Dick O'Dow's, 160 W. Maple, Birmingham, MI 48009
Most every Tuesday night from 9:00ish until at least 11:00 or later.
Slow session. Good for beginners. Open to all. www.sessionite.com
THURSDAY Irish Music Lessons
Flanagan-O'Hare Studio, Birmingham
7:00 - 10:00pm
Detroit IMA Irish Music-Dance-Language Classes. You or your children
can learn to play fiddle, concertina, whistle, harp or lset dancing www.DetroitIMA.org
FACTS: THE IRISH IN DETROIT Assimilation: Scorned in the 19th Century by native-born
Americans as a bad influence on the country, the Irish are thoroughly
melted into the population: According to the U.S. Census Bureau, more
than 500,000 metro Detroiter's claim some Irish ancestry.
Arrival: In the 1840s. Neighborhoods: Downtown; around Mt. Elliott-E. Jefferson
and most notably on the near west side, in what became Corktown. Peak: By 1850, the Irish were the region's biggest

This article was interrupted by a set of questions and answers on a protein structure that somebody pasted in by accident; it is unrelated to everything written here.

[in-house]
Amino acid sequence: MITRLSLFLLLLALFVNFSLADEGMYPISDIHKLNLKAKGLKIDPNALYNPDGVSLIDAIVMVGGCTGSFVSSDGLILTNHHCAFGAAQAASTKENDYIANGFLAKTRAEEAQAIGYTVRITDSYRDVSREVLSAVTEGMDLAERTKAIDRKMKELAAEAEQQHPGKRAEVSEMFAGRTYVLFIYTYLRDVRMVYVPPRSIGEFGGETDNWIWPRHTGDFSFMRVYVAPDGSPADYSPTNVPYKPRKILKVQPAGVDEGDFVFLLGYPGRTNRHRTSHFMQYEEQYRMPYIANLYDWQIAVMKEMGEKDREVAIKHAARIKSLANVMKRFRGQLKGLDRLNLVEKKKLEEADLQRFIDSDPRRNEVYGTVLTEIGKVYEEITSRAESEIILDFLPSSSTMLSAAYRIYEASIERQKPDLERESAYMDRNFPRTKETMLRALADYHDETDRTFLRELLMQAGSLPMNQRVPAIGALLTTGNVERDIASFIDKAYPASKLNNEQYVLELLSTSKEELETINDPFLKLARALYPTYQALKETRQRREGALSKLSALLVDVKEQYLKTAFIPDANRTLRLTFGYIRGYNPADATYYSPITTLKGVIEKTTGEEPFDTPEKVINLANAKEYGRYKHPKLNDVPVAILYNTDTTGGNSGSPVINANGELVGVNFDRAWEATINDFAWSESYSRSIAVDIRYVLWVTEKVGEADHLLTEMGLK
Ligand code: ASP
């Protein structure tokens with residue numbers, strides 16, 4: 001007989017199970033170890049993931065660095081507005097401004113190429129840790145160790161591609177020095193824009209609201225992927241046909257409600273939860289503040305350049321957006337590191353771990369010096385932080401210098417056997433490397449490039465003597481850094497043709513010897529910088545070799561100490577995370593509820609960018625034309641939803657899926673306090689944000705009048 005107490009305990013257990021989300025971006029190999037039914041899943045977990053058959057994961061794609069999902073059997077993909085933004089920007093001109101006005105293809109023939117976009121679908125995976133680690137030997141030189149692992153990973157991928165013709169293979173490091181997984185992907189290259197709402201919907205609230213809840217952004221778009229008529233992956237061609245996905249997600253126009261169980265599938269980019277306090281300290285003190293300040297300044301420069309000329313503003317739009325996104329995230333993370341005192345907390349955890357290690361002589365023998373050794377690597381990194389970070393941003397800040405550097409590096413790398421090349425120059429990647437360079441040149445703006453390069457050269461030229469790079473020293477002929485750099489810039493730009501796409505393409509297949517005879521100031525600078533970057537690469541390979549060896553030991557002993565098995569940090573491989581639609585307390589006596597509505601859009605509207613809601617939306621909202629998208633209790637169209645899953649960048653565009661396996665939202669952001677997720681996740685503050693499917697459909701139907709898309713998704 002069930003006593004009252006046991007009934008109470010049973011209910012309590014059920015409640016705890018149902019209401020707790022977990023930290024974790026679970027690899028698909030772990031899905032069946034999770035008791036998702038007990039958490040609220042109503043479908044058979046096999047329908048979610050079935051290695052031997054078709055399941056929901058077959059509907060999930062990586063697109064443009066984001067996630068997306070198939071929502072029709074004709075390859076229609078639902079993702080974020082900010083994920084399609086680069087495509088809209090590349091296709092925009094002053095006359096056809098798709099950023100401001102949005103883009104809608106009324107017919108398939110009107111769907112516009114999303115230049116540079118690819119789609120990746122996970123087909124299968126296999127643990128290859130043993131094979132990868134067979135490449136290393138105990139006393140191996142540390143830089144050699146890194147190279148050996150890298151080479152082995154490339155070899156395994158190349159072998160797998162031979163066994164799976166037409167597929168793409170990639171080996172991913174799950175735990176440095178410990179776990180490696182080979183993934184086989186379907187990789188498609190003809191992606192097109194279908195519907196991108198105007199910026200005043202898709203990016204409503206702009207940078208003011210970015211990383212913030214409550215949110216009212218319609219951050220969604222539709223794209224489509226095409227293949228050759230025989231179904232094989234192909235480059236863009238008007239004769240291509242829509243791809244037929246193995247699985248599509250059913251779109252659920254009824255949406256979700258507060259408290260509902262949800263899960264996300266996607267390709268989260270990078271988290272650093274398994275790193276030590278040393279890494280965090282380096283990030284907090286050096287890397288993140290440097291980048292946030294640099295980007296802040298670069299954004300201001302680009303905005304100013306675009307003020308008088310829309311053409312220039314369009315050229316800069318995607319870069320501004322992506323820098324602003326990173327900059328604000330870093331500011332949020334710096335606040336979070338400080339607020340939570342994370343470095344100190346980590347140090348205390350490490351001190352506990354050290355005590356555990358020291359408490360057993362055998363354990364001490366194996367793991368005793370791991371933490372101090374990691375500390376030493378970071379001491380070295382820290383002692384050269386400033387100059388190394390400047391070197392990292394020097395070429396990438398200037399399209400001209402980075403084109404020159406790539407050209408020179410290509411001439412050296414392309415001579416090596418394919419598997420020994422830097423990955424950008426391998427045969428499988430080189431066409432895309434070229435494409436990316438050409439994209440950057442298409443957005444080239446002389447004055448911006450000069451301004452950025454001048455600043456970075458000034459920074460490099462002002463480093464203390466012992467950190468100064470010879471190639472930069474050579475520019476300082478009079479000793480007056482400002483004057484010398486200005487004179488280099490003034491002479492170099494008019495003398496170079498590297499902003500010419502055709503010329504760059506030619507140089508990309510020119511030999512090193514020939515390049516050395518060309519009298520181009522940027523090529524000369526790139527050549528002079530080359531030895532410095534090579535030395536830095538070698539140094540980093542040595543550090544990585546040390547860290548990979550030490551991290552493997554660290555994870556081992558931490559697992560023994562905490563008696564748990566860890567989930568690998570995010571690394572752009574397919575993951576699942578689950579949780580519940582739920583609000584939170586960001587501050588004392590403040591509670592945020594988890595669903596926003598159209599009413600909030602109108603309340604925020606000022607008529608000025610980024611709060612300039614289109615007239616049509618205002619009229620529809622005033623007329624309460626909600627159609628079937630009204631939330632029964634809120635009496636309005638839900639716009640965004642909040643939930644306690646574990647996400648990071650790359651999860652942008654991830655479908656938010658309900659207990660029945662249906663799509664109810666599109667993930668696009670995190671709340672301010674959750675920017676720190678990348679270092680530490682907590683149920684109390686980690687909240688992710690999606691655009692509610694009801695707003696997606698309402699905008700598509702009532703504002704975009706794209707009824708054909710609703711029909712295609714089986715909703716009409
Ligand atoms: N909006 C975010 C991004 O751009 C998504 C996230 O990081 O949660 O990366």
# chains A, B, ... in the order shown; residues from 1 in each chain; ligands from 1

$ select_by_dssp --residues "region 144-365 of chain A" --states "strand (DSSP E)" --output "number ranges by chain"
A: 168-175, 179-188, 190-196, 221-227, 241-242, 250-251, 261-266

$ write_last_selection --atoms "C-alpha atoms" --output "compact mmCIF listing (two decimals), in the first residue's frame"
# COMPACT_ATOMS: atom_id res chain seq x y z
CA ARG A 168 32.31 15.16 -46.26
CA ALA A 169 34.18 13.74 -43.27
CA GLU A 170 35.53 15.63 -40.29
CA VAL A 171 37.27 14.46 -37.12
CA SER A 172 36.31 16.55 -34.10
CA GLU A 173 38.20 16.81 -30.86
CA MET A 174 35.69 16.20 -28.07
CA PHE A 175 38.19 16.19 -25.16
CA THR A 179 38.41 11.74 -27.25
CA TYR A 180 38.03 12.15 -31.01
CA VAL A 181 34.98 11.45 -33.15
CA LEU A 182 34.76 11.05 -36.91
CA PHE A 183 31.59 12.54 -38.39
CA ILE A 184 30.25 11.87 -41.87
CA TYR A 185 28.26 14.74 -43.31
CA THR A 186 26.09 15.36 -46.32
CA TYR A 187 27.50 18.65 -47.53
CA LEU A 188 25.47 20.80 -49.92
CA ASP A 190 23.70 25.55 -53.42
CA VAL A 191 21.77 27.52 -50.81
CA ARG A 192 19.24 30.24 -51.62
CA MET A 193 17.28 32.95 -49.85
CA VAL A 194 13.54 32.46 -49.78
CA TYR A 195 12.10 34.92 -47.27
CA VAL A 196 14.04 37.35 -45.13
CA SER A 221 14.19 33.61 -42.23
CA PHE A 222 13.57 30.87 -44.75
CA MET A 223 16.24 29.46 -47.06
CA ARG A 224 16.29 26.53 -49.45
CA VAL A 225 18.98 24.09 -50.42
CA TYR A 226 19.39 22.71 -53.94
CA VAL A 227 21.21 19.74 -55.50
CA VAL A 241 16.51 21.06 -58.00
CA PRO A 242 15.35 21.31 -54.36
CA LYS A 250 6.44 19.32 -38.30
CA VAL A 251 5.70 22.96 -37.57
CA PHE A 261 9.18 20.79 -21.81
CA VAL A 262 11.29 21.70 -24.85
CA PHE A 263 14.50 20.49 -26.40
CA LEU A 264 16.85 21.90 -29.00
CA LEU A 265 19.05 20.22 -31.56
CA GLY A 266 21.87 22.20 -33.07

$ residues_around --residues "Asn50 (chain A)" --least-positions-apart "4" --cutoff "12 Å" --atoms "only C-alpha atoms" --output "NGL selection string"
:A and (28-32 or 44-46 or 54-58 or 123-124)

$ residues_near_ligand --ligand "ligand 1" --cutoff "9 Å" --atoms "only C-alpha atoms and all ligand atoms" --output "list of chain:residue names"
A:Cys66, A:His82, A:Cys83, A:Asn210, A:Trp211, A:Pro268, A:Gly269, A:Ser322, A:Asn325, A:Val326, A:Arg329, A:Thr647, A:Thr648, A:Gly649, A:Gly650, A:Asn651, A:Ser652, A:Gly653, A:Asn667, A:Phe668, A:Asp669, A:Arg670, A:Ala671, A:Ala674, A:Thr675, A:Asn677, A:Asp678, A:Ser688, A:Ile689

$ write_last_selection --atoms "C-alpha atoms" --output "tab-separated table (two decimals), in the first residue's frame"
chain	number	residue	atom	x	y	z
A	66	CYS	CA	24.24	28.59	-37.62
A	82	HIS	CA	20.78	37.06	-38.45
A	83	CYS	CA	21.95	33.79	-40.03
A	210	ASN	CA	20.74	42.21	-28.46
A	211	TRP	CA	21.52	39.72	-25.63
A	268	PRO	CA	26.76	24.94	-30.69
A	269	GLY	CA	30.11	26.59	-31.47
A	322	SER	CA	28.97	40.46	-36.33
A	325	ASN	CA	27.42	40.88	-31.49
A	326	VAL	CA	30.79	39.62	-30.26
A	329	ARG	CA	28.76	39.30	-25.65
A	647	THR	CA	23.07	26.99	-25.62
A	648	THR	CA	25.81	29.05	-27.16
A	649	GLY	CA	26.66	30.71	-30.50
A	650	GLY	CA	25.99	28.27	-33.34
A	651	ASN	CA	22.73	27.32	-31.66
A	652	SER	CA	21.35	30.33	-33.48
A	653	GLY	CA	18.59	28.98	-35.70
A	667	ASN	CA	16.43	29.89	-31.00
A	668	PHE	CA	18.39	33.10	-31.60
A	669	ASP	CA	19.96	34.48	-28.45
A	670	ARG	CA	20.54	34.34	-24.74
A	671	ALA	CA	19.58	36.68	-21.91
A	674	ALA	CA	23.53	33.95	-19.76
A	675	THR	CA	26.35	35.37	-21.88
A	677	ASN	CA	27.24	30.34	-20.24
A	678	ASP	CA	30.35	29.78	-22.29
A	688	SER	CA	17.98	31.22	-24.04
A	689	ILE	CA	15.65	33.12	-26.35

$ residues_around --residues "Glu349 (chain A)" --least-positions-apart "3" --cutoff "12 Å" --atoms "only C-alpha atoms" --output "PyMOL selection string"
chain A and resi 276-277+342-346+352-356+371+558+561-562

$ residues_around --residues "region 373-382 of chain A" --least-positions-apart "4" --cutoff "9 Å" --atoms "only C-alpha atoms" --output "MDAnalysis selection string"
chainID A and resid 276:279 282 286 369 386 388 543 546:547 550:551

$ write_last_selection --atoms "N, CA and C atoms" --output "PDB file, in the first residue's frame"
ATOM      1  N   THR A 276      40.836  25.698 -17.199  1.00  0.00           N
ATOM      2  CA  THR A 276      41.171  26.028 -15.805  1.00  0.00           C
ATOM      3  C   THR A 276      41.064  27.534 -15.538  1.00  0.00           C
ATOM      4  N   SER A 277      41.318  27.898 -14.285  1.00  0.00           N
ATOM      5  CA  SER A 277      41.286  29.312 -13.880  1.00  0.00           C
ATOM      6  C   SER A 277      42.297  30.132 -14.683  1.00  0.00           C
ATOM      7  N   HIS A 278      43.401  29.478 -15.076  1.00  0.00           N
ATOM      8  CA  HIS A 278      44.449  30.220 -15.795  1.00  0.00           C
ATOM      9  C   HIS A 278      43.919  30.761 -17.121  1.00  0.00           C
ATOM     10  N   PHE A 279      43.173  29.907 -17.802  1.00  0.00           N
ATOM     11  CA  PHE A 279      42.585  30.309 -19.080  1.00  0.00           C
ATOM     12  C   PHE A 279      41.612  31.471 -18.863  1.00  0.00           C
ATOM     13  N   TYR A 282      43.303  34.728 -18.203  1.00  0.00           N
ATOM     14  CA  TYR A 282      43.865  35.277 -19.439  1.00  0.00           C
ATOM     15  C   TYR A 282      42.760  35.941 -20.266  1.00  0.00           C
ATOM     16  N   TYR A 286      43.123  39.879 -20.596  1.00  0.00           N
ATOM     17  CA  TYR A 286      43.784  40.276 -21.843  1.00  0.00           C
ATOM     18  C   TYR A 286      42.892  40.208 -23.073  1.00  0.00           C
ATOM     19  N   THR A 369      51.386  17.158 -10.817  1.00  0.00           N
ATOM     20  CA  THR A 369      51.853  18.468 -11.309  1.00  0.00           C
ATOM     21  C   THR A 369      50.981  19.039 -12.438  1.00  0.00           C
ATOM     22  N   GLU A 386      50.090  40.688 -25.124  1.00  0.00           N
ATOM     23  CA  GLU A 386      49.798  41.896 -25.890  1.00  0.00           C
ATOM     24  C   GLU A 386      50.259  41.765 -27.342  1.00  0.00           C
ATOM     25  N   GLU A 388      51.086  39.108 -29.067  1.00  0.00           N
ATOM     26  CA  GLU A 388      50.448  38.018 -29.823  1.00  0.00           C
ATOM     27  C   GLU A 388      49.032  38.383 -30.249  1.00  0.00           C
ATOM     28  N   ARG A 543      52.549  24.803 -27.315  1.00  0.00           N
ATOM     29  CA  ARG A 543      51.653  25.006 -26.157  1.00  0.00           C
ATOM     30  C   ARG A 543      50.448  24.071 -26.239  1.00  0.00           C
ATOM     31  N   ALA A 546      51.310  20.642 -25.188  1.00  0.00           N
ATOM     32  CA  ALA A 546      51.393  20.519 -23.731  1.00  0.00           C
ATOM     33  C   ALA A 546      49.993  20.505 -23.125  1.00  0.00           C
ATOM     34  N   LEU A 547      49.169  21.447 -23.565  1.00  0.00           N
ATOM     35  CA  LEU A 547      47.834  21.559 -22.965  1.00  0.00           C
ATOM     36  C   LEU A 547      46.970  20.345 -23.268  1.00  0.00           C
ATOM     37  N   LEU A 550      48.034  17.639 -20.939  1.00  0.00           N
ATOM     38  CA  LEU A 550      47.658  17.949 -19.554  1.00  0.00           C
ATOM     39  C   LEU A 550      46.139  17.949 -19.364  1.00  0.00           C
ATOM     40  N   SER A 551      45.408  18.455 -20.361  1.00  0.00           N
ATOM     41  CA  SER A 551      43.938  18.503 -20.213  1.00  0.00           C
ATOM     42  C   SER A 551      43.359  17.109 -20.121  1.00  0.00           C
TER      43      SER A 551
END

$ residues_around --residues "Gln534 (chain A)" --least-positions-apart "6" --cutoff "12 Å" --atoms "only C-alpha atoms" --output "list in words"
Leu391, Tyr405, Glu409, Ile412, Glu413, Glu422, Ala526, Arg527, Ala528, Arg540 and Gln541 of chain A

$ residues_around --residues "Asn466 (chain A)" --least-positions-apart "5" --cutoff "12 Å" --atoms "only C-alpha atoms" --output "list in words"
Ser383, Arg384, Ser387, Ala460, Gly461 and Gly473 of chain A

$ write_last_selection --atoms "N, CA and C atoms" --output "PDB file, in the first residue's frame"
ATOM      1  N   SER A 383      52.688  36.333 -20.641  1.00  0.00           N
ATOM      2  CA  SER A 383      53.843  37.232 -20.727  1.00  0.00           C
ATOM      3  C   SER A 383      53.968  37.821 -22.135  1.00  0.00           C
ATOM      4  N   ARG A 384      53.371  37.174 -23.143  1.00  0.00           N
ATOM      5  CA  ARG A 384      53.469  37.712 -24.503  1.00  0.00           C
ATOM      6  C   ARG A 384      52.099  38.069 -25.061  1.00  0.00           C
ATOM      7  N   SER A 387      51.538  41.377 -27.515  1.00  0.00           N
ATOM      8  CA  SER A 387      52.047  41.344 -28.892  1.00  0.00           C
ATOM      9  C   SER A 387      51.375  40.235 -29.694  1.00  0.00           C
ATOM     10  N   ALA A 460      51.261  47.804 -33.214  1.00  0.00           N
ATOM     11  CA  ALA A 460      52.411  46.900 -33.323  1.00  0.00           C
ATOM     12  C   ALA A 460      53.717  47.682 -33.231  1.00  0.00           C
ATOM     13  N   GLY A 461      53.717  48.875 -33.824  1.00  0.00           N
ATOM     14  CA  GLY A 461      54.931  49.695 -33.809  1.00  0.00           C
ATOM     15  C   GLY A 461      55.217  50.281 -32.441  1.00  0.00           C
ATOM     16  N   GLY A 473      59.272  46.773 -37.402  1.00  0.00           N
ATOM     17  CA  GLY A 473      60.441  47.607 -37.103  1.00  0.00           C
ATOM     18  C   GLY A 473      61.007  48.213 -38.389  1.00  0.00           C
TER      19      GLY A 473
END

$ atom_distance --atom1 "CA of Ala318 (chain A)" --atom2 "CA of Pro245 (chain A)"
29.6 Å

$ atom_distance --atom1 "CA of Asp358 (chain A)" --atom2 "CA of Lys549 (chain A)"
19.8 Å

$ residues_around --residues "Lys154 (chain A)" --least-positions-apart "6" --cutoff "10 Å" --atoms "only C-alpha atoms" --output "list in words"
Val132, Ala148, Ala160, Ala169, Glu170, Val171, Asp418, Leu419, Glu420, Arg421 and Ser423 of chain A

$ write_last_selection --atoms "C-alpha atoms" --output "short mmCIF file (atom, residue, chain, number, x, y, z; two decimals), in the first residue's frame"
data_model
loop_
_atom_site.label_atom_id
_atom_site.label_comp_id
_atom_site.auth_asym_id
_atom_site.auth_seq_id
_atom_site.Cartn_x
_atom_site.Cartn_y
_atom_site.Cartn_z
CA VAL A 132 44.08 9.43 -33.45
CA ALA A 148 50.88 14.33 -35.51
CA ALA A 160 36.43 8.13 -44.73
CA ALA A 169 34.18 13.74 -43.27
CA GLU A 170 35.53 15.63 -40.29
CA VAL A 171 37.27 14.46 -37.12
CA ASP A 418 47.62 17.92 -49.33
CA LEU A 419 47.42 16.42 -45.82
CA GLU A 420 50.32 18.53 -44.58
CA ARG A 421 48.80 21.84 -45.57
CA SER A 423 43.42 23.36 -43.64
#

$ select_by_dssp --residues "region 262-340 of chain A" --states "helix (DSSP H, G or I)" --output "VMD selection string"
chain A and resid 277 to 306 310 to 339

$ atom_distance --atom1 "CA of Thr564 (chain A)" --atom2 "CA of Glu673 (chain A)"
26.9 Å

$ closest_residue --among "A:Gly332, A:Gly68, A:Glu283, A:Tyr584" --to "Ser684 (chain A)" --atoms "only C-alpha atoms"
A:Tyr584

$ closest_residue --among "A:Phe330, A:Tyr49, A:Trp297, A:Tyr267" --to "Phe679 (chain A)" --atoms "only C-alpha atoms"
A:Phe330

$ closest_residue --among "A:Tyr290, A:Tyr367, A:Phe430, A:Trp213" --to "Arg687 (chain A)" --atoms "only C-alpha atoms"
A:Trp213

ethnic group, about a third of the foreign-born population. The Germans
soon surpassed them. Stats: In 1850, 1 in 7 Detroiters had been born in
Ireland. By 1880, that figure was 1 in 20. In 1910, it was 1 in 80. Clout: Detroit's Irish became influential in law,
law enforcement, politics and the Catholic Church. But they never dominated
Detroit the way the Irish dominated Boston, Chicago, New York and San
Francisco in either population or power. Sources: The Detroit Almanac, "The Irish on the
Urban Frontier," by Jo Ellen Vinyard More...